What is Loan Underwriting?

What is Loan Underwriting?

The business of money lending naturally includes a lot of risk for lenders. If the borrower somehow becomes unable to pay back their debt, the lender has potentially not only lost their investment, but also the interest they would have earned.

Therefore, it is in the lenders best interest to ensure that the people they are giving loans to are likely to pay them back on time and with the agreed upon interest – to make sure that the risk they are taking is within acceptable standards. This vetting process is called loan underwriting.

What Factors Are Considered in Loan Underwriting?

Underwriters consider many factors when assessing a potential borrower, and each can be weighed independently of the others. This means that if one category is excellent, it can outweigh another that may be lacking, and vice versa.

All the factors can all be sorted into the following three categories:

1) Capacity to Repay

One of the first things an underwriter needs to assess is your capacity to repay the loan and interest. This wholistic assessment is based on the borrower’s employment status, income, current debts, and any other assets they may have.

When it comes to evaluating employment status, loan underwriters are mostly looking at the last two years of employment history, and whether the borrower is self-employed or works for another entity. A borrower who is self-employed carries a greater risk to the lender, so they will want to see proof that the borrower can earn a stable amount of income.

In assessing income, the lenders will be looking at the ratio between the borrower’s income and their expenses. They will usually consider the loan too high risk if the borrower’s income-to-debt ratio exceeds 43%. In other words, lenders prefer a borrower’s regular expenses not to exceed more than 43% of their regular income.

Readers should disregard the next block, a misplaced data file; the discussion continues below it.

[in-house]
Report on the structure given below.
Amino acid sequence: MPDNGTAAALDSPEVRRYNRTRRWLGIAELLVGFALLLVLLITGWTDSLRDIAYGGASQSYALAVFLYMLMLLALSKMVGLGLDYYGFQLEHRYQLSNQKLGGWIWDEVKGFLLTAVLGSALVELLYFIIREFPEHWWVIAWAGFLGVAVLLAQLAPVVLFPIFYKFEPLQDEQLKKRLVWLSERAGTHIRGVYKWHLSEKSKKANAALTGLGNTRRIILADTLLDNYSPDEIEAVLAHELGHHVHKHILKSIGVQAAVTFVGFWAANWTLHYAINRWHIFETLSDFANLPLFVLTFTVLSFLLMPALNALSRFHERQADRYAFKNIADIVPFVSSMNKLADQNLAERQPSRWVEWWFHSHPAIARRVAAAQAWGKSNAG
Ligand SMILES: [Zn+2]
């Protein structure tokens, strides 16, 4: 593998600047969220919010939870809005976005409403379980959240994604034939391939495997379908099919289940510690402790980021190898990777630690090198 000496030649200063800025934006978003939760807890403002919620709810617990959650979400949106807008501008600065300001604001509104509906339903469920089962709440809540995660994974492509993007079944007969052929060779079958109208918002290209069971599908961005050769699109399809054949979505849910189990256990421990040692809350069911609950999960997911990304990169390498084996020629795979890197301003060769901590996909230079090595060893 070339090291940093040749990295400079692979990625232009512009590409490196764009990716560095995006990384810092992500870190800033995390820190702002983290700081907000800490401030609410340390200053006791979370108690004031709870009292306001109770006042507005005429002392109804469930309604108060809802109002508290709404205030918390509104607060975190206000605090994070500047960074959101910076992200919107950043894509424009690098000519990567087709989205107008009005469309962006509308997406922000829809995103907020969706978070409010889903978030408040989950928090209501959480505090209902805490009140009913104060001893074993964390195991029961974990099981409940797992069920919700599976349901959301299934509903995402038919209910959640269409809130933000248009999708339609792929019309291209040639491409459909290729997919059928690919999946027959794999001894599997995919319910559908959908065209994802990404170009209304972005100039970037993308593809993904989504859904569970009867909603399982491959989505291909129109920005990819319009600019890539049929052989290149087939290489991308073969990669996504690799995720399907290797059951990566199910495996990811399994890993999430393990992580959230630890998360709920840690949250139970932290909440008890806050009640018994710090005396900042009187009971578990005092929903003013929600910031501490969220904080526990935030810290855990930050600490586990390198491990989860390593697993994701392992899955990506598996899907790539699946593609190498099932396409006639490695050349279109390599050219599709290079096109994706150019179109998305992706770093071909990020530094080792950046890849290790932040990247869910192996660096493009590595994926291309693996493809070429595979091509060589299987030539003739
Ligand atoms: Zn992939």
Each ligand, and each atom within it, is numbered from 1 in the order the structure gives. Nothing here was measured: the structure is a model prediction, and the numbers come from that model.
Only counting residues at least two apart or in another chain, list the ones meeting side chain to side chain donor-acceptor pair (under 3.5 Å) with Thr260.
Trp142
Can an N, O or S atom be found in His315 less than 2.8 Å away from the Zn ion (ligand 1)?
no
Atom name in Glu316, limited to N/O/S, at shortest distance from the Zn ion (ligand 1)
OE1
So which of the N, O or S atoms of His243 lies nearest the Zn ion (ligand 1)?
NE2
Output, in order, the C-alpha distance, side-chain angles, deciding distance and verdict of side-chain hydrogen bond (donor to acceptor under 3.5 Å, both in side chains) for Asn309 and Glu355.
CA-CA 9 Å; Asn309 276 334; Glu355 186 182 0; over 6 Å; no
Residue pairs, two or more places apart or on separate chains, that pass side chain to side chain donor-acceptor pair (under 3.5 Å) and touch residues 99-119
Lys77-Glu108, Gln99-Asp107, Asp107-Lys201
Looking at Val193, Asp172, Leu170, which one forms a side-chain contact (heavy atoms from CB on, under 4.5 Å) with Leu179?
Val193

2) Collateral Assets

Collateral assets are things that the borrower owns whose value can be used to ensure payment of the loan. For example, in the case of a mortgage, the property itself becomes the collateral; if the borrower defaults in their payments, the bank will take control of the property.

A loan will be at a lower risk to lenders if the borrower has good collateral. Solid collateral assets can also help offset other factors, like a less than desirable employment history.

3) Credit History

All lenders will assess a potential borrower’s credit history before making any decisions. Credit history includes current debts as well as a record of how they have handled payments in the past. Loan underwriters use credit reports from either Experian, TransUnion, or Equifax. They take into account more than just the credit score.

Although the overall credit score is important, lenders prefer to see a strong and varied credit history. A borrower who has a history of making on time payments for various credit cards or other loans – car loans, student loans, etc. – will pose a lower risk to the lender than someone who has a limited history or has defaulted on payments in the past.

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